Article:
Associate Justice Clarence Thomas appeared to take on President Obama this week in discussing the ruling in Citizens United — contradicting the President’s portrayal in the State of the Union. In my view, the President did overstate the holding (not unheard of in the halls of Congress), but I continue to despair over the increasing public role played by justices (here). In my view, Thomas should not be engaging in such a public debate and should allow these decisions to speak for themselves.
In an earlier entry, I stated that I believed that Associate Justice Samuel Alito should apologize for his shaking his head and mouthing “not true” in response to the President’s statements. It was not just injudicious but a direct violation of a tradition of strict neutrality for justices attending such events.
Now, Thomas appears eager to join the fray. He took a shot at commentators with the observation that “I found it fascinating that the people who were editorializing against it were The New York Times Company and The Washington Post Company.” A fair point, but I find it fascinating that justices now believe that they can write opinions and then hop on a speaking circuit to defend them like some politician. Given the growing view of the Court as driven by politics since the Bush v. Gore decision, this type of campaigning in support of a decision only serves to undermine the Court’s credibility further.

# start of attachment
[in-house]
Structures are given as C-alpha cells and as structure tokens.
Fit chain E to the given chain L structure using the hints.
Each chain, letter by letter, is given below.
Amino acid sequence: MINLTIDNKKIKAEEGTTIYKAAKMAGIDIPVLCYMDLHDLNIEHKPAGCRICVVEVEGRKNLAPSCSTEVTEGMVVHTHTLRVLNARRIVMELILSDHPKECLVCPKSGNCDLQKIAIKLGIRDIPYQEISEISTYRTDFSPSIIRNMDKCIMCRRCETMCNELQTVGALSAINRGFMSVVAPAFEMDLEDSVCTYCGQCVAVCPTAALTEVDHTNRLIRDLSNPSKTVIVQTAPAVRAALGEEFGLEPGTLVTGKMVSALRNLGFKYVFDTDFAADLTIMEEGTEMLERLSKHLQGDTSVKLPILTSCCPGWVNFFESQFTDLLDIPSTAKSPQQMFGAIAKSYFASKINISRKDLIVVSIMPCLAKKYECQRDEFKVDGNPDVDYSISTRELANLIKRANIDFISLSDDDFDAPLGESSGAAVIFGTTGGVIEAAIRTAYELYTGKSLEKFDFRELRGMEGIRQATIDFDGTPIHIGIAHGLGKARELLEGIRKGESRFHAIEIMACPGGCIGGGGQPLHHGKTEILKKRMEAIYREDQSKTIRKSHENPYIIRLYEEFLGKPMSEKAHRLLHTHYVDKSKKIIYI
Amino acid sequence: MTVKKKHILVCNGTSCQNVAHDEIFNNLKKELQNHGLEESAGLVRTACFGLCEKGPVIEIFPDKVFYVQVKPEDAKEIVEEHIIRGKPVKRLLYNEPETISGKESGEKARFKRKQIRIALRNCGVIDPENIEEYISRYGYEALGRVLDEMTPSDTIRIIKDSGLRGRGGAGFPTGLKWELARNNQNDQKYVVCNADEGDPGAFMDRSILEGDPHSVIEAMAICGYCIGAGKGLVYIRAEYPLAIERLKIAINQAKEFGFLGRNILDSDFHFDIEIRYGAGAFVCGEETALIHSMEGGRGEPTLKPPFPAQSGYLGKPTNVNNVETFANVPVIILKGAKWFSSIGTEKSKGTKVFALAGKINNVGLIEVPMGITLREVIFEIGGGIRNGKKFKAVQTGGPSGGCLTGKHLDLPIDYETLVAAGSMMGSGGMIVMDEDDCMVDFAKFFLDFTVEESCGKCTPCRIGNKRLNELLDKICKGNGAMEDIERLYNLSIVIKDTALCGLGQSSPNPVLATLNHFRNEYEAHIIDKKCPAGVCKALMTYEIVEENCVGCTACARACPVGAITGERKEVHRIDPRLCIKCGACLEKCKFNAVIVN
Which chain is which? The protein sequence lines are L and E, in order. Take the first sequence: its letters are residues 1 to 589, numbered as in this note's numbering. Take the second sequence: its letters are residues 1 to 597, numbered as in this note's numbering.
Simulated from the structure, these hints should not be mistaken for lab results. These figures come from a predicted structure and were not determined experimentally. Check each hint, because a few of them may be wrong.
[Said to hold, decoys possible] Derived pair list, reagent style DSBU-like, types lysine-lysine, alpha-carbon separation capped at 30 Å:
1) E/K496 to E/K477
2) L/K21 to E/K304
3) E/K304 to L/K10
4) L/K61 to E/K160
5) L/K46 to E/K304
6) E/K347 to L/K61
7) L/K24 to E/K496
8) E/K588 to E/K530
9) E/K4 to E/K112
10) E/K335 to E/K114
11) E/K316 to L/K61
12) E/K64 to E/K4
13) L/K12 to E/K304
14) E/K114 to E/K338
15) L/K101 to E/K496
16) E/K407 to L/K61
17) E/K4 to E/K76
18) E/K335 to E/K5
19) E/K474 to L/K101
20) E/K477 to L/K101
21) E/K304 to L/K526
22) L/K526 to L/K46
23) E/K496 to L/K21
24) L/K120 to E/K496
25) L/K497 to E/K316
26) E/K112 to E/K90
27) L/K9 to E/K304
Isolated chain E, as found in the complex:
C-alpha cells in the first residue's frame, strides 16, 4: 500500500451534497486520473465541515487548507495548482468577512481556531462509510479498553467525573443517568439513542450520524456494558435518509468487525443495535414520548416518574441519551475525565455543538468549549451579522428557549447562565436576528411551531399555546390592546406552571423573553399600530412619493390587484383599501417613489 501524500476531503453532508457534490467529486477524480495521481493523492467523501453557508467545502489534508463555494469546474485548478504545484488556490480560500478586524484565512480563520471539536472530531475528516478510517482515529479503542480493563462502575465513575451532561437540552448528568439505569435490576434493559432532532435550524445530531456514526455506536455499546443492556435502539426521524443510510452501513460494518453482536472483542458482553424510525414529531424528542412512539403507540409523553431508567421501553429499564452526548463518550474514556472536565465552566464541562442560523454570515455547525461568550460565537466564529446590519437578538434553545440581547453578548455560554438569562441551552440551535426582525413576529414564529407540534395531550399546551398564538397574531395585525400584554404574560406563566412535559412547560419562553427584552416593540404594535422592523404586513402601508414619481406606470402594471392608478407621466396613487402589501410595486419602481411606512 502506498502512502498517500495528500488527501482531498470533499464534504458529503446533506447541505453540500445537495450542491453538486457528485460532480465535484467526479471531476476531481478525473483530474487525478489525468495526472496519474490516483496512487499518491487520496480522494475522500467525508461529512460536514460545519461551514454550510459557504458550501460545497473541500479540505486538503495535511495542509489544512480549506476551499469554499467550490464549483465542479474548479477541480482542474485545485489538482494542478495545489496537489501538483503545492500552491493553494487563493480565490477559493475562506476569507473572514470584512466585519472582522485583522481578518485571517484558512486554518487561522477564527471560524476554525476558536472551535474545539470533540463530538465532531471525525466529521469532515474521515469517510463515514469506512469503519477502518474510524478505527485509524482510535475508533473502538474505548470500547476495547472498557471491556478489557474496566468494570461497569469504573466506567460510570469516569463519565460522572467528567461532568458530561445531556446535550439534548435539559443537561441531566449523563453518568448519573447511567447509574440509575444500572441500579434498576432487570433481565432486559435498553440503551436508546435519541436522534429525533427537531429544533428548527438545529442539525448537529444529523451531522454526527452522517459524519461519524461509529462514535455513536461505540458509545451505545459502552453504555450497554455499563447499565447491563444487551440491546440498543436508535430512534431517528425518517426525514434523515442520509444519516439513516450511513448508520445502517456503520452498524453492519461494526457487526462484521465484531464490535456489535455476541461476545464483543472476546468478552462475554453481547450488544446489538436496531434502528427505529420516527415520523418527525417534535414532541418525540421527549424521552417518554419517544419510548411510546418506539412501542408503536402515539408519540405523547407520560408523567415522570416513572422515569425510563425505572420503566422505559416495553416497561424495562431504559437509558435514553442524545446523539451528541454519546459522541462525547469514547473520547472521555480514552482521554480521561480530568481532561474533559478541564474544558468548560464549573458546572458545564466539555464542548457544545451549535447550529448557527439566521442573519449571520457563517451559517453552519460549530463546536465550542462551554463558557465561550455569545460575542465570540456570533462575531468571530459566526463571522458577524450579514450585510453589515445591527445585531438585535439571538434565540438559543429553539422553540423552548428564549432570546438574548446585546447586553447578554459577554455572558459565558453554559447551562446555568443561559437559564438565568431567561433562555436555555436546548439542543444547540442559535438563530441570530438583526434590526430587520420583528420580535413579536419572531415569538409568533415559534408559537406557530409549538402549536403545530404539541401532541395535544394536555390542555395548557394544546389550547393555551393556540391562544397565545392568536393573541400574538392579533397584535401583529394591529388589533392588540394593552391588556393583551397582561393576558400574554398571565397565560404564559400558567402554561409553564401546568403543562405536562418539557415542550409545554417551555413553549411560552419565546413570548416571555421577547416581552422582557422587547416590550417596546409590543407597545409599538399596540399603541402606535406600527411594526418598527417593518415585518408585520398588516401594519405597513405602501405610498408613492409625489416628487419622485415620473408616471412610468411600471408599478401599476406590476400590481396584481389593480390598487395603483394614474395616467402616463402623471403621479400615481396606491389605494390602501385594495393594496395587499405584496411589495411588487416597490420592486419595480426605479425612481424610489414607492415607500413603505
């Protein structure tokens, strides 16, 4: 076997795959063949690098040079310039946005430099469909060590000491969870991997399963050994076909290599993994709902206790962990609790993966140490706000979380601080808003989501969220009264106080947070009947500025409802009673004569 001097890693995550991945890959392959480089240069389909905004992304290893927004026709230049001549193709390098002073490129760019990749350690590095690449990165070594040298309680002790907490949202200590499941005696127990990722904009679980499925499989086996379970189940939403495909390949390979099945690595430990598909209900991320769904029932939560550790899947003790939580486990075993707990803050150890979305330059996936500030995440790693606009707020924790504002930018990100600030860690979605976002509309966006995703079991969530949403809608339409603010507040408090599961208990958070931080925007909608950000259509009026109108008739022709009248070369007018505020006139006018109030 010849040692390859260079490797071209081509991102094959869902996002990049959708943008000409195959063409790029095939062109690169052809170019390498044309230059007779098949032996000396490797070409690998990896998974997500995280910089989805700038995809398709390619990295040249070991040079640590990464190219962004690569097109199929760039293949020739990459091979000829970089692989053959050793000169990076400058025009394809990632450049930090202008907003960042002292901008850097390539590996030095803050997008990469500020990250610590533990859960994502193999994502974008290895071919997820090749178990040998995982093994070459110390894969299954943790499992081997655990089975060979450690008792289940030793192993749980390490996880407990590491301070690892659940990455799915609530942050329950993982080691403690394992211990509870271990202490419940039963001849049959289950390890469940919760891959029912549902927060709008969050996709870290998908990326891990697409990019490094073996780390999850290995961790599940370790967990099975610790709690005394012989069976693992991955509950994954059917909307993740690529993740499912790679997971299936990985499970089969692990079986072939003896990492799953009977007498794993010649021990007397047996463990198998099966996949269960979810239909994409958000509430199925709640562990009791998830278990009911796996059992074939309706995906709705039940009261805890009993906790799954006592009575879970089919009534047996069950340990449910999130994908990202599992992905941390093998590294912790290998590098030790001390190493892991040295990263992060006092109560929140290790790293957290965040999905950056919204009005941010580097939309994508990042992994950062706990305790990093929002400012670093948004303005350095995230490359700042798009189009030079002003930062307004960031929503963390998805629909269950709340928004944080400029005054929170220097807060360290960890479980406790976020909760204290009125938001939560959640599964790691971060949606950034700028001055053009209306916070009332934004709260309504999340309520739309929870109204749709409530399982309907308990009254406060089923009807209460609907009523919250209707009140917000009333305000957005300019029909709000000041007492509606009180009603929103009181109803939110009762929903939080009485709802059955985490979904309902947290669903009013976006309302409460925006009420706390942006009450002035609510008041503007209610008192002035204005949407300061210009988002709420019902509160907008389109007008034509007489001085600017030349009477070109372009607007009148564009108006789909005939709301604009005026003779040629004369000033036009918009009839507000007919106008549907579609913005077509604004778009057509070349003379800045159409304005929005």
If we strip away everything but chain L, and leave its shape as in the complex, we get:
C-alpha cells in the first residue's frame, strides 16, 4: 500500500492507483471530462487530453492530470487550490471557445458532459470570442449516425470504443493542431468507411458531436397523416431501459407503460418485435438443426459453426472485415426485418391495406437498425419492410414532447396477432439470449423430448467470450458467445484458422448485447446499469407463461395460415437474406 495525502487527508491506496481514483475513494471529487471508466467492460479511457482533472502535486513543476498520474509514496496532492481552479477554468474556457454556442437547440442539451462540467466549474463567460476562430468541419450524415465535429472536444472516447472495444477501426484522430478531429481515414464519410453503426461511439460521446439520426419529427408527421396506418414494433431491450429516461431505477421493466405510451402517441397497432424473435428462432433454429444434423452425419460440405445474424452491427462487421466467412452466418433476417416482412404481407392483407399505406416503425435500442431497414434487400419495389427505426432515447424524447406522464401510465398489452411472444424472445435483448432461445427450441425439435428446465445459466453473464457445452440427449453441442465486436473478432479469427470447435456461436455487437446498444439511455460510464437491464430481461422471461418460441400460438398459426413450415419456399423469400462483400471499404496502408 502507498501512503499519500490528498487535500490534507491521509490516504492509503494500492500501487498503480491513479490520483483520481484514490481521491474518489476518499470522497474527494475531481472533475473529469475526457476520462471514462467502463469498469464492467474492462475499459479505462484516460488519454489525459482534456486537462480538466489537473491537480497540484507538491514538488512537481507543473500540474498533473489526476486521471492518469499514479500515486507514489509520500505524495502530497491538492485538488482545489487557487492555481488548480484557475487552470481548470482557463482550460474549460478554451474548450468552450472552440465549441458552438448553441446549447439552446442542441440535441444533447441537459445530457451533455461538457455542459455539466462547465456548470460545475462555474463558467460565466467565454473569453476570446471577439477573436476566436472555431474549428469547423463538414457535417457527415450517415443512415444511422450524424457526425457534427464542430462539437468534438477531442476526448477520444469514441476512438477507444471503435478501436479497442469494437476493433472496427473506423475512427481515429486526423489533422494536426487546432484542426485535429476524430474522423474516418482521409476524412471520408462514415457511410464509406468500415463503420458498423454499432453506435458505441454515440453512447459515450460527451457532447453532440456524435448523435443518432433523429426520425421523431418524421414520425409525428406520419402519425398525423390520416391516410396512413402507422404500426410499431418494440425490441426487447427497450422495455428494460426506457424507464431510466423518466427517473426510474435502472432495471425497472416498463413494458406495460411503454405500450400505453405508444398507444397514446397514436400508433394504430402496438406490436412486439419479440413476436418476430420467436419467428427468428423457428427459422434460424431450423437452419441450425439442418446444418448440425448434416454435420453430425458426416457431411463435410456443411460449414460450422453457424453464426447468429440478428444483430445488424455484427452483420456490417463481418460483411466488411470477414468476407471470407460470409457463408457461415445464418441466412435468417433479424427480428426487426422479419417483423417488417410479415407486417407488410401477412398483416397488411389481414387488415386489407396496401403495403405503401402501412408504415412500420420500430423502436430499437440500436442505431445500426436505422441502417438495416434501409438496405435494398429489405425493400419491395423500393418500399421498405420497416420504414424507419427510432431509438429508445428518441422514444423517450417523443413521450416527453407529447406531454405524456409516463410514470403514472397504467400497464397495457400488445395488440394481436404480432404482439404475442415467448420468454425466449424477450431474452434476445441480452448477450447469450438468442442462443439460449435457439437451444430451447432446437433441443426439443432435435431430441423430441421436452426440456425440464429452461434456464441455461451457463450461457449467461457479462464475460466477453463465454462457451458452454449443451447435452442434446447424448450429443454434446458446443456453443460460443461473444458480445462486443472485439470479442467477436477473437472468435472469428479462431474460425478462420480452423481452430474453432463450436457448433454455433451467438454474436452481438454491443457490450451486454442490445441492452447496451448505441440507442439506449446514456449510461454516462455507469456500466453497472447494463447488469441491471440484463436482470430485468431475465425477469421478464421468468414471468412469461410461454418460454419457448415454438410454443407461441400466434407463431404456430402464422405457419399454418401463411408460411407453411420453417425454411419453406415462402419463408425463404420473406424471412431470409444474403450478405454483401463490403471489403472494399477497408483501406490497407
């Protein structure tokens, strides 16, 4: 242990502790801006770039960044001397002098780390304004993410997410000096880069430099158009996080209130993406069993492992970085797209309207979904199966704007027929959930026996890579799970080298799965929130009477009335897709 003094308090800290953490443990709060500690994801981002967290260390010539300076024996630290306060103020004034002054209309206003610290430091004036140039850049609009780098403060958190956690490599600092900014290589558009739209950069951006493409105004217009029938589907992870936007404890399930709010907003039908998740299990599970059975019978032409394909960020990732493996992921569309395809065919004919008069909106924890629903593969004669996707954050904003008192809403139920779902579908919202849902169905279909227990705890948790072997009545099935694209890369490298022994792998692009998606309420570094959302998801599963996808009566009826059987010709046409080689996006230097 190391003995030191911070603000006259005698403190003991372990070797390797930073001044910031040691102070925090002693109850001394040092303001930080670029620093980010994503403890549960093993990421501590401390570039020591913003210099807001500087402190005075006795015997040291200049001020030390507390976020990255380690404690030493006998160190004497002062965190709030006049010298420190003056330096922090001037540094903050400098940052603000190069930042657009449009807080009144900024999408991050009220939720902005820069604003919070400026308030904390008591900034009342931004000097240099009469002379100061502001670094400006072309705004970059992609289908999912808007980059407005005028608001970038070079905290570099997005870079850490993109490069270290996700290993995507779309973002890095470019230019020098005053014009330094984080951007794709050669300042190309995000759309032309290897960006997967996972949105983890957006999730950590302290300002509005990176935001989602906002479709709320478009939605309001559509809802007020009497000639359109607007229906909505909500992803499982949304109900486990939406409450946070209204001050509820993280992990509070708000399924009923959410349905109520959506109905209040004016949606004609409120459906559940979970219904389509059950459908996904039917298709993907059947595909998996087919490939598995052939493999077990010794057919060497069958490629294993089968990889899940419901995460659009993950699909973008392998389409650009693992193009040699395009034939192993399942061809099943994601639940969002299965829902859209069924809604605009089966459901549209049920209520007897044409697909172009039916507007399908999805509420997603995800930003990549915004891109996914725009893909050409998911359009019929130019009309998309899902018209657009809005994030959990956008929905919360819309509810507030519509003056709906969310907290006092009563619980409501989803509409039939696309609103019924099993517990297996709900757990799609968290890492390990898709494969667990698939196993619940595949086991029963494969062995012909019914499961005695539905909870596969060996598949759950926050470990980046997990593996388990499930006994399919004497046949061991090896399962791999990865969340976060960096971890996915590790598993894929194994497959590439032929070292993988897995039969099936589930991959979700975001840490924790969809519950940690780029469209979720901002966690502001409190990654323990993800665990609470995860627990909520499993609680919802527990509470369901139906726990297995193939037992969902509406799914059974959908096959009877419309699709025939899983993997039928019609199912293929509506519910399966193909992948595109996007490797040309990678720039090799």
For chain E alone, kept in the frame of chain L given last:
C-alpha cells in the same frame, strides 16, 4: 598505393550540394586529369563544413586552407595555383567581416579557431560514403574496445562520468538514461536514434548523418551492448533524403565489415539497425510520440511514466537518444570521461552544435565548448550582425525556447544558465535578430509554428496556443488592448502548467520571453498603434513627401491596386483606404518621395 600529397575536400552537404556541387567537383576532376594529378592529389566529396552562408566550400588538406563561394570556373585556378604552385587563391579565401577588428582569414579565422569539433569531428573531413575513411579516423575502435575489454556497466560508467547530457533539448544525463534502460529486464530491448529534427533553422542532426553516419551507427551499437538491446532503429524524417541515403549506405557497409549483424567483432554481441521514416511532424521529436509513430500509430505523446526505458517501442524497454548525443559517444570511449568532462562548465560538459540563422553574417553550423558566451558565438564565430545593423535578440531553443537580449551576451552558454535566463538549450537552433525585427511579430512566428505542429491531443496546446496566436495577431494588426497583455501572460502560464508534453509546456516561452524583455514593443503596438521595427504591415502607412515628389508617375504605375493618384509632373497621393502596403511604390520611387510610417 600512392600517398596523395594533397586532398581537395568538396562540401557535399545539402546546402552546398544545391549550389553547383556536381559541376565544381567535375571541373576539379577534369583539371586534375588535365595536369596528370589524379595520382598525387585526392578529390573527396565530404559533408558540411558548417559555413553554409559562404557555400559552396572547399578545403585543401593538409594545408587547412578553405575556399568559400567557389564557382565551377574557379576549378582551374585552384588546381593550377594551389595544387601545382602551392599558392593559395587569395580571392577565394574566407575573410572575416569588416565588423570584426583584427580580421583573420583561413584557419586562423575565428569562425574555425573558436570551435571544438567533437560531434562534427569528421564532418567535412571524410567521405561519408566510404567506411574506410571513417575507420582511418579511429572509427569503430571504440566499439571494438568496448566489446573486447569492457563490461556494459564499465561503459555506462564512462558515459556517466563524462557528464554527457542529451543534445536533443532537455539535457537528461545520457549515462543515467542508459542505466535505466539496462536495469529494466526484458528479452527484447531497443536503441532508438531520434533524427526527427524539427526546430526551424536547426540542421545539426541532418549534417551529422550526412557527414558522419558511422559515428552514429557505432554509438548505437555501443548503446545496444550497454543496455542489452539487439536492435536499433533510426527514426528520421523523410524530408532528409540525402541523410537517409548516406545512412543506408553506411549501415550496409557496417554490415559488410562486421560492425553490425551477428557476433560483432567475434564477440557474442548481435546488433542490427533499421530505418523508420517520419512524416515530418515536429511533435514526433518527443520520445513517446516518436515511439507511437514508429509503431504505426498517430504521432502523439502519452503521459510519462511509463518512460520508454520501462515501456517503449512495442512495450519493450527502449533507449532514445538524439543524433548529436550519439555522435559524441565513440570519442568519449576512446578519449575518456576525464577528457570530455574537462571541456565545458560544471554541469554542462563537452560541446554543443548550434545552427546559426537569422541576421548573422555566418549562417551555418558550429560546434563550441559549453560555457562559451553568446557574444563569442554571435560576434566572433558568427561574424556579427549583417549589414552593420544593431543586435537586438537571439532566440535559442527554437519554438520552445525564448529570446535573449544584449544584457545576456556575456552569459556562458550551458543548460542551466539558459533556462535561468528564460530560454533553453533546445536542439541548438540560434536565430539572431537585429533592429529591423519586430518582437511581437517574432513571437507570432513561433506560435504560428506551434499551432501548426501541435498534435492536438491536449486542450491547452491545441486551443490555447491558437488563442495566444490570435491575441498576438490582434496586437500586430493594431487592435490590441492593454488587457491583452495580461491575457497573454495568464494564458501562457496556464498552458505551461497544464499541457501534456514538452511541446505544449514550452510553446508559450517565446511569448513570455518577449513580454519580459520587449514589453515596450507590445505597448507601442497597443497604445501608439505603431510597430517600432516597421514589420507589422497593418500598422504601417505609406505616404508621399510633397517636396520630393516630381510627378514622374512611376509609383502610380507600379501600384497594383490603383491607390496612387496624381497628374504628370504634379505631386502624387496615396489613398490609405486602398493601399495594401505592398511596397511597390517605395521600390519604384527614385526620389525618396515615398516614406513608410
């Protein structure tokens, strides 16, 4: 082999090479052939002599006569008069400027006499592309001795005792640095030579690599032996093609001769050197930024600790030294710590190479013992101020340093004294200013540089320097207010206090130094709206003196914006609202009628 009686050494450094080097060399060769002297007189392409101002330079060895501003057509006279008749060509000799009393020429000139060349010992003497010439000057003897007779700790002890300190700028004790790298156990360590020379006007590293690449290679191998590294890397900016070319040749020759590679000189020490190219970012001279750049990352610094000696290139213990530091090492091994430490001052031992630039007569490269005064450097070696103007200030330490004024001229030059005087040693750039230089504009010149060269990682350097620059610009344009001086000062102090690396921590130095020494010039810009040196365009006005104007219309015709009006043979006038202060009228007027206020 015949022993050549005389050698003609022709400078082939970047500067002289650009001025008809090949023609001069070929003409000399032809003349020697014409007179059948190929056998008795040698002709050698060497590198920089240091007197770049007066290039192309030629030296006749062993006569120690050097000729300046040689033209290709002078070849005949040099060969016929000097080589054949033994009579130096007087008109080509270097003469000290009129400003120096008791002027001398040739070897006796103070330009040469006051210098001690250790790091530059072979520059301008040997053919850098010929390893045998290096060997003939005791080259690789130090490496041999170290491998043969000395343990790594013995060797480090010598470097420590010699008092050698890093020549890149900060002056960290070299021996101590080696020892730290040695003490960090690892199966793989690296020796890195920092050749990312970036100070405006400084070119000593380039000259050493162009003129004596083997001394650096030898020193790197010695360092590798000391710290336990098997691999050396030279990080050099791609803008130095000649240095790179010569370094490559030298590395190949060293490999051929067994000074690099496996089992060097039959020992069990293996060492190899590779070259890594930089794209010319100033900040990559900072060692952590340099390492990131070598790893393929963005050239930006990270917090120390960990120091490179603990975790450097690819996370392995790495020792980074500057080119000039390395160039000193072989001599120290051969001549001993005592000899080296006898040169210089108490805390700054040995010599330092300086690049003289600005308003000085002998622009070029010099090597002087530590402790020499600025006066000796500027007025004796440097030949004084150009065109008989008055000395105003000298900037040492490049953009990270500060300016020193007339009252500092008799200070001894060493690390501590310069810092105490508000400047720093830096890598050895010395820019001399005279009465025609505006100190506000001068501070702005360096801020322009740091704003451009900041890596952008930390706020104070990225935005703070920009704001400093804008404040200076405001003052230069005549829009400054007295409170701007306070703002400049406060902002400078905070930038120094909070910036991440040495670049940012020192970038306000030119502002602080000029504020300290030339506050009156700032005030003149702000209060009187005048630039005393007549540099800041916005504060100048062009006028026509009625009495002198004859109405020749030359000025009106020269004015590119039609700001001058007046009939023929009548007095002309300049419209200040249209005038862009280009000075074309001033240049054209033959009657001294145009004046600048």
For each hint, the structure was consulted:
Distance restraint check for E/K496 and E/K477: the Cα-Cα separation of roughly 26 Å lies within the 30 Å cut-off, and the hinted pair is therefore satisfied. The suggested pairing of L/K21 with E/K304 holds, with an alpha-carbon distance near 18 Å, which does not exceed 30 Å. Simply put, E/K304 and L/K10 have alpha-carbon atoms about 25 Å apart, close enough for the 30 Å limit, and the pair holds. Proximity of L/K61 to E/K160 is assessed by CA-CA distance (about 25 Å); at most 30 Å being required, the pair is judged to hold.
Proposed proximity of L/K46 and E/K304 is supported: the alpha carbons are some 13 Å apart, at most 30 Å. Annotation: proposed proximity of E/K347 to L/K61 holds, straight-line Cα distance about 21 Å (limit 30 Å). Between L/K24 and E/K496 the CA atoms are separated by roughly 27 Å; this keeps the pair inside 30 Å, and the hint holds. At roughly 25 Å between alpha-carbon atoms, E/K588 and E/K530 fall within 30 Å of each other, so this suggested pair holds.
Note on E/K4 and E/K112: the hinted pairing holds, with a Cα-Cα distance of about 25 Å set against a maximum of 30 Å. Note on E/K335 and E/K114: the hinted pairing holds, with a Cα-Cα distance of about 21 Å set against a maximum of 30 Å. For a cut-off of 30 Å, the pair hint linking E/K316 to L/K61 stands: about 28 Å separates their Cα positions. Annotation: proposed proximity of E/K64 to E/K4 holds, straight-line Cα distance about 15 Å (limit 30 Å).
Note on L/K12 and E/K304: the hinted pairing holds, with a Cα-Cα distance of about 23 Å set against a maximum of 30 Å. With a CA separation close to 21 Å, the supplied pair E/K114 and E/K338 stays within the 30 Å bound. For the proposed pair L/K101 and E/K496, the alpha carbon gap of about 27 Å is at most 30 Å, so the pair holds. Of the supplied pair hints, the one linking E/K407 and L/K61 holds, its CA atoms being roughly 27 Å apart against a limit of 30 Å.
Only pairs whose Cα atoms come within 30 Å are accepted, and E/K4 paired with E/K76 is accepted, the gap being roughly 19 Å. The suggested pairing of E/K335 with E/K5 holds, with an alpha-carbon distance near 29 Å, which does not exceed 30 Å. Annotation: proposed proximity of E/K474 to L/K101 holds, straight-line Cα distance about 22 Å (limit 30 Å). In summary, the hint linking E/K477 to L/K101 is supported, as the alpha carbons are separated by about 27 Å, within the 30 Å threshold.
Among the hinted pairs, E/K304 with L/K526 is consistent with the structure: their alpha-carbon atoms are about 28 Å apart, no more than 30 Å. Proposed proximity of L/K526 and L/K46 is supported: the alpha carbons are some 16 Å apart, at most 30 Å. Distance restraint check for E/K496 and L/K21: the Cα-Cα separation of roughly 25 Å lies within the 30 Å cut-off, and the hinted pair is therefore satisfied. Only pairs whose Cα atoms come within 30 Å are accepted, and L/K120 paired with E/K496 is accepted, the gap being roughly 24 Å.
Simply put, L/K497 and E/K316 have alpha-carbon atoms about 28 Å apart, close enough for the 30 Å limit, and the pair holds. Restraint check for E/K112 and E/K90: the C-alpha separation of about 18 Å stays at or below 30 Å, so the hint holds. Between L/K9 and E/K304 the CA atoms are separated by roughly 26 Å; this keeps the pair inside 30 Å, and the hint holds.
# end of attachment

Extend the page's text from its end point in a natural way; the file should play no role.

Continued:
While Thomas did not directly discuss the President’s words, he made it clear that he disagreed with such criticism.
I have previously objected to such appearances by Justice Scalia and have strongly supported a return to the traditional view of justices, who largely avoided public speaking engagements beyond ceremonial remarks at graduations.
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